Take a good-sized scoundrel--with an imagination--condemn him to death on twenty-one charges; and, while the death penalty hangs above his head, command him to tell the story of his life in twenty-four chapters. The result will be as "Told by the Death's Head,"--exciting, incredible, with touches of grim humor, and more than a touch of burlesque; but, on the whole, a little wearisome, perhaps, to a public that has had a surfeit of such good things.
exclaimed the high-born gentleman. "It would make the carrying on a war an easy matter."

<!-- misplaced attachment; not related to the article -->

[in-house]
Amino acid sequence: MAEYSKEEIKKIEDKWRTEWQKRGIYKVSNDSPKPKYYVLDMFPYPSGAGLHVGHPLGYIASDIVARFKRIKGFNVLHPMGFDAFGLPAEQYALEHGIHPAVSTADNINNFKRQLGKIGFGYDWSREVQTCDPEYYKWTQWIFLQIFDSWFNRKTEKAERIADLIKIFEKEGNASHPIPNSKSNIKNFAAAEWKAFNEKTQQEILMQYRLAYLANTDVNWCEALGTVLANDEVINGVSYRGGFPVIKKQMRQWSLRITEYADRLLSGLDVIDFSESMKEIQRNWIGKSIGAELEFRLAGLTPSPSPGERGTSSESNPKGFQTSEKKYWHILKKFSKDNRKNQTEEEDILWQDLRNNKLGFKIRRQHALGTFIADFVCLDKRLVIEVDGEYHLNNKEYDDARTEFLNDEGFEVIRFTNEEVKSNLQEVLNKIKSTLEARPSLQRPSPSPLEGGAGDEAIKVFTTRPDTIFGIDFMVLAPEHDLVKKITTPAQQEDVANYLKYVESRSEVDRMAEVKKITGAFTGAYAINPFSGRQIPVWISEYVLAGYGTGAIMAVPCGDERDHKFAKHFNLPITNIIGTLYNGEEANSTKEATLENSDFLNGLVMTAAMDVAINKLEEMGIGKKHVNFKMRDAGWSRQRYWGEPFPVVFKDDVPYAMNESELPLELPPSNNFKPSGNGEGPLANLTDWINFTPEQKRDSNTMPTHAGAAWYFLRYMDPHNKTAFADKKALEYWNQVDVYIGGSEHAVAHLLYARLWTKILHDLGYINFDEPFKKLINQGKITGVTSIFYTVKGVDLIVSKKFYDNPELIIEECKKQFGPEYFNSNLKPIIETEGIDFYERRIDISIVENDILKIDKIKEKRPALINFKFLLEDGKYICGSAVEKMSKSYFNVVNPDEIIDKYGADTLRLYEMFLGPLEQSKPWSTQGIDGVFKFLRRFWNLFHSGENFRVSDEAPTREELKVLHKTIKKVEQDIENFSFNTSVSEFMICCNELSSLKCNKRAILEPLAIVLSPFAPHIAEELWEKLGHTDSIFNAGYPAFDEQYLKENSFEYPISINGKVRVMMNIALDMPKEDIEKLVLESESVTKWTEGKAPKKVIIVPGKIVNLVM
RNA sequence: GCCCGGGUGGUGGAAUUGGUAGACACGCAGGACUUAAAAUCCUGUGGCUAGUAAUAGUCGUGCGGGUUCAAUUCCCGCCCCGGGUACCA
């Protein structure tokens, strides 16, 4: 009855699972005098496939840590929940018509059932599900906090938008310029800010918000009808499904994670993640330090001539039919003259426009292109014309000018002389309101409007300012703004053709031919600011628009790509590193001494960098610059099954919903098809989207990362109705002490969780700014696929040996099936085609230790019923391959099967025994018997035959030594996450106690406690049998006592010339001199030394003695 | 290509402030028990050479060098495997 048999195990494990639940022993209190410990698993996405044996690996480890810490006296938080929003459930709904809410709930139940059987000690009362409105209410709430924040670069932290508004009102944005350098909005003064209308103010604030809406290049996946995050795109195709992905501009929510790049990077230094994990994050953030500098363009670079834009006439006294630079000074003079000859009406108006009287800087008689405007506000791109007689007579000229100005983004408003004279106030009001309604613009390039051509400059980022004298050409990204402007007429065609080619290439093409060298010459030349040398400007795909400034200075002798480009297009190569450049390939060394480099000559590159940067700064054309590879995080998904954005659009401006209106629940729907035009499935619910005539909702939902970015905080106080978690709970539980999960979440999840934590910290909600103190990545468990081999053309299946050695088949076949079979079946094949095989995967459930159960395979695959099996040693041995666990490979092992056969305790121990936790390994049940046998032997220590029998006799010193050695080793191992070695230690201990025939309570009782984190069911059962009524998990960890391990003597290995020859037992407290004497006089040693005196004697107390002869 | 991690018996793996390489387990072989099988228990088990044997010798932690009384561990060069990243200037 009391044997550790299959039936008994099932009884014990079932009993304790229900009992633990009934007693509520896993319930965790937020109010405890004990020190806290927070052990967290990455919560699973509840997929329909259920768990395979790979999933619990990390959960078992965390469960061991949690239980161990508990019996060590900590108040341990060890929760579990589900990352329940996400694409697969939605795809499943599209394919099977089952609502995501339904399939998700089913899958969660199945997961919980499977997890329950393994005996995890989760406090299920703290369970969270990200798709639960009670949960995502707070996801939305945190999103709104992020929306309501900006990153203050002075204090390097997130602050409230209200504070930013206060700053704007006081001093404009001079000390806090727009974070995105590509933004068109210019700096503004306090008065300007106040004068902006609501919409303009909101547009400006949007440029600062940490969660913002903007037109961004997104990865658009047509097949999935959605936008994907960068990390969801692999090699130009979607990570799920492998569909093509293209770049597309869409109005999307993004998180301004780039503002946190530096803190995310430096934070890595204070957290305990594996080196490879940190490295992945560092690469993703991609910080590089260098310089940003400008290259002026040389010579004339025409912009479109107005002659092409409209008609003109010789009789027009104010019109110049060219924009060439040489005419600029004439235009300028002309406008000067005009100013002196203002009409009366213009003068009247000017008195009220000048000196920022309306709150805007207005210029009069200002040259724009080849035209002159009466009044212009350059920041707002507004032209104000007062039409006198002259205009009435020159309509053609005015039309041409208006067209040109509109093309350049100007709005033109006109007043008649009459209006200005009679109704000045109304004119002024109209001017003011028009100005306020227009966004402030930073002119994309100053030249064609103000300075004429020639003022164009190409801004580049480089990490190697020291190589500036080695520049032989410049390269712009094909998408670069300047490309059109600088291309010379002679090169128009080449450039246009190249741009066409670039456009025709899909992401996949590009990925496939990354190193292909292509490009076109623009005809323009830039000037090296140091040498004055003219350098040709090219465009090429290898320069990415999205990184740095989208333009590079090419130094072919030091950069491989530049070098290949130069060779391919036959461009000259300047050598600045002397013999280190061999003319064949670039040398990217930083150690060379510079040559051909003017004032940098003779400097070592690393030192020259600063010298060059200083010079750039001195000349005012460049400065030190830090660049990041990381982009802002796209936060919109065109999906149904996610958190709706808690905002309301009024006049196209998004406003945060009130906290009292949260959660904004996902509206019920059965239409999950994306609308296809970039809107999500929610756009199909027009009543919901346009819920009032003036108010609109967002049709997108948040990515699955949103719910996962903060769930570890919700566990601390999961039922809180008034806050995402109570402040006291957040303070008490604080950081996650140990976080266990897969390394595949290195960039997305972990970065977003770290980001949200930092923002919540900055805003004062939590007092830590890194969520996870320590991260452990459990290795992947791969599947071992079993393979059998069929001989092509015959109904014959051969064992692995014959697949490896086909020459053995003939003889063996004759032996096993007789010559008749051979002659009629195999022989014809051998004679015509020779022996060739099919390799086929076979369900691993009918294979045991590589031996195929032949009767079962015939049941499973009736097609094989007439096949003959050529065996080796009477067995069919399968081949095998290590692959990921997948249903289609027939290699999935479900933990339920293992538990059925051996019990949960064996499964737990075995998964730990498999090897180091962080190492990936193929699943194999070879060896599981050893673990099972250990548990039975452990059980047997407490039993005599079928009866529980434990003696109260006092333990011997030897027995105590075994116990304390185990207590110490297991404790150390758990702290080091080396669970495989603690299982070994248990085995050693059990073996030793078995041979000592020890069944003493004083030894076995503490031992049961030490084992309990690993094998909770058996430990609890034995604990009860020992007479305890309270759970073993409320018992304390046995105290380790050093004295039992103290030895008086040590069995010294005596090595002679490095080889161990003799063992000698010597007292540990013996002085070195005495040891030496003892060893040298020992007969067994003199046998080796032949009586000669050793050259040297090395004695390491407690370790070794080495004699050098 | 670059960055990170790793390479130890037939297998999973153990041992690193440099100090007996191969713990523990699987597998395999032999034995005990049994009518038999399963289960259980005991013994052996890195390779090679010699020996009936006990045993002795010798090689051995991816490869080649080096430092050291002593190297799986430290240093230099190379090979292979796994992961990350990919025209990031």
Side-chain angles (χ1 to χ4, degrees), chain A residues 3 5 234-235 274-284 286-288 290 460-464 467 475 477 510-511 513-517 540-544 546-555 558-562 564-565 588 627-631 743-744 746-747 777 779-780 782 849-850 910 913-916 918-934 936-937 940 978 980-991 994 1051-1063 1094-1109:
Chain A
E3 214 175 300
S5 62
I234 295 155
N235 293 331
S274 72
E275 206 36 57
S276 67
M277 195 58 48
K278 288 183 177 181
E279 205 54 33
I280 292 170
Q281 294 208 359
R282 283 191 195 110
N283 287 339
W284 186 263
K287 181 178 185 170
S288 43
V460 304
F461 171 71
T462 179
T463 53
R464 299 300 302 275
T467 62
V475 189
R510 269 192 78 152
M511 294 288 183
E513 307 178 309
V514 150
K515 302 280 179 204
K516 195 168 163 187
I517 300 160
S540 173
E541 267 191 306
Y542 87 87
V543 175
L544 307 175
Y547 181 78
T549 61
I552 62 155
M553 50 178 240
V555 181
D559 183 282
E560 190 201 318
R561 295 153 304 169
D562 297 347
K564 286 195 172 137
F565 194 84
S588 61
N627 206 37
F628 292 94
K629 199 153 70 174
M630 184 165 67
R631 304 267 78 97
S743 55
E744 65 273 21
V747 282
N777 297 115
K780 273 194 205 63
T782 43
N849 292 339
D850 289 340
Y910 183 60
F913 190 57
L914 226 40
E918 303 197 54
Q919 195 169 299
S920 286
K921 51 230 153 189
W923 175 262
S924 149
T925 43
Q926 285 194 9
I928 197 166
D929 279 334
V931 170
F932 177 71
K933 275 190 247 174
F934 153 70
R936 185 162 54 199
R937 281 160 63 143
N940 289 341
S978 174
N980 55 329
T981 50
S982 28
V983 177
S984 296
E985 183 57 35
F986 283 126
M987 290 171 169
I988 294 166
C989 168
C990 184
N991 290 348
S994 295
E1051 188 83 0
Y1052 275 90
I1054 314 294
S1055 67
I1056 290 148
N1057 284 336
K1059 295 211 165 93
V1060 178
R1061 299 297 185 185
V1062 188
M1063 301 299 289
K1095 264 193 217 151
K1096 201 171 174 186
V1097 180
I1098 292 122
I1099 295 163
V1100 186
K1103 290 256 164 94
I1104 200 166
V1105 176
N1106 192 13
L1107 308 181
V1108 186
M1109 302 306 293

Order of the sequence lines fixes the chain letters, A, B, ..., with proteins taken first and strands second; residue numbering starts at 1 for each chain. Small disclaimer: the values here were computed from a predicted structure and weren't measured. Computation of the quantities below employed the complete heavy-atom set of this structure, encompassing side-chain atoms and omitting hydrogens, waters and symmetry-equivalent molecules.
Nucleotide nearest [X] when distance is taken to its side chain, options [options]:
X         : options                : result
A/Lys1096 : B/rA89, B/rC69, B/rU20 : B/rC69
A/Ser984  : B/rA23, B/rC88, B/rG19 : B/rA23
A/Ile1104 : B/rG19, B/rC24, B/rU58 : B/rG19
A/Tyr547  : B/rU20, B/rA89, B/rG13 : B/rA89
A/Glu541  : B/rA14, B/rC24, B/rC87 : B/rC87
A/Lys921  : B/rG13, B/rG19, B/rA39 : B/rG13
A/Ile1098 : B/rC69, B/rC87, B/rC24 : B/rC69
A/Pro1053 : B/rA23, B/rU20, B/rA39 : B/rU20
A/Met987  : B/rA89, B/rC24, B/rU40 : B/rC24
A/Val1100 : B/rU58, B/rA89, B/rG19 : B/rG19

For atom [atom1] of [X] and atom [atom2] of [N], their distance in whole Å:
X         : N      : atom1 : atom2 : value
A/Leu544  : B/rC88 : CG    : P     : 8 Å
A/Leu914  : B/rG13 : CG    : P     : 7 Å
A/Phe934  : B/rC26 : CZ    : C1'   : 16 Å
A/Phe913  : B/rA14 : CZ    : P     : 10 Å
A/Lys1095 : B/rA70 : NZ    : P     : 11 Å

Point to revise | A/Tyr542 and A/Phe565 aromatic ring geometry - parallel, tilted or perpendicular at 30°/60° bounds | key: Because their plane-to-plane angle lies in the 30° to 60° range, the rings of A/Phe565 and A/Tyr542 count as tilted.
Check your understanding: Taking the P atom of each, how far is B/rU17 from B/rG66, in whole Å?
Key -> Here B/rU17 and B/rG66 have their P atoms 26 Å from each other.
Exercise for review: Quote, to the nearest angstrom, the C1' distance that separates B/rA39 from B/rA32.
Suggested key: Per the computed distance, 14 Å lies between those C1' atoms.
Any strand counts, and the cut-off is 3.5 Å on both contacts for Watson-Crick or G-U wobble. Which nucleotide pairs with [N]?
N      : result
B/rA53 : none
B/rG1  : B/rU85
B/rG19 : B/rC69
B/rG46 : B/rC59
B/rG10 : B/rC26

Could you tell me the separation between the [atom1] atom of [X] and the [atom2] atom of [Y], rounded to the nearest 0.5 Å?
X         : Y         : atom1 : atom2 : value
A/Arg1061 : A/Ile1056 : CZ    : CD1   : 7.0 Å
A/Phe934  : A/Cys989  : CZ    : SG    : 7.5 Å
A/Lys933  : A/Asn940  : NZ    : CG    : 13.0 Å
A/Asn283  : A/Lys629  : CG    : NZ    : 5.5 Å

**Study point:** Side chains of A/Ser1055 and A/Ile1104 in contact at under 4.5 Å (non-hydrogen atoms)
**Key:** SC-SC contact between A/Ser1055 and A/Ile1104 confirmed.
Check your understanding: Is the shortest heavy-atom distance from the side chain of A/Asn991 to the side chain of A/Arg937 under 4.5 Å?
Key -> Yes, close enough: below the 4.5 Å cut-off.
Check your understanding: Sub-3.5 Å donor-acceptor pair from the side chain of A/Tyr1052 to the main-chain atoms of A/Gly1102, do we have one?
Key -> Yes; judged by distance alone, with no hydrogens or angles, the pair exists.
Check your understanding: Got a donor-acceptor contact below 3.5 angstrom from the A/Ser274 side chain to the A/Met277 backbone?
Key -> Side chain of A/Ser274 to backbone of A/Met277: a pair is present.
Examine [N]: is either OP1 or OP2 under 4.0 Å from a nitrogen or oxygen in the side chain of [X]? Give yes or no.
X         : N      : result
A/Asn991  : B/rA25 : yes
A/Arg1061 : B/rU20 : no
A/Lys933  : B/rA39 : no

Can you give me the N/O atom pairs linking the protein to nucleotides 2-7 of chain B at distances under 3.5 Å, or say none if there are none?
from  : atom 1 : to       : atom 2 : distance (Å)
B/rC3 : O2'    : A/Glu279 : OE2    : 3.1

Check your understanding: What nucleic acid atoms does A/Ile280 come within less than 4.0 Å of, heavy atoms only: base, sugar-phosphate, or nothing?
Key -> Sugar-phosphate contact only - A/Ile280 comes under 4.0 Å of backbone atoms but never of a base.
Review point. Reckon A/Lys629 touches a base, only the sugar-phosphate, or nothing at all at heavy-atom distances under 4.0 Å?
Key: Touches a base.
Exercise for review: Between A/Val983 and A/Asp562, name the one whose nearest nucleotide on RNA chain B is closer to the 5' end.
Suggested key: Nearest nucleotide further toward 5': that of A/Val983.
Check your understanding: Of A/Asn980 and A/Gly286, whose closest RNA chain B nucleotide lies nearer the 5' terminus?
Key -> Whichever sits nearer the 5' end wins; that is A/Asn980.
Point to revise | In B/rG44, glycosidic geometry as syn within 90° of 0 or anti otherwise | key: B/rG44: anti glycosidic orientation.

From the day it became known that Constable Hugo possessed that never-failing treasure, a magic coin, and was in league with the all-powerful bocksritter, he rose in the esteem of his fellows.
Meanwhile Ehrenbreitstein and Coblentz continued under bombardment from the Frenchmen. The enemy's fire-pots never failed to find the grand-duke's quarters, notwithstanding the fact that he changed them every day. This at last became so annoying that treason began to be suspected, and the duke offered a reward for the detection of the spy who gave the information to the enemy. That a spy was at work in the German camp was beyond question, though the outlets of both cities were so closely guarded that it would have been impossible for a living mortal to pass through them. Nor could the treason have been committed by means of carrier-pigeons, for, whatever of domestic fowl-kind had been in the cities had long since been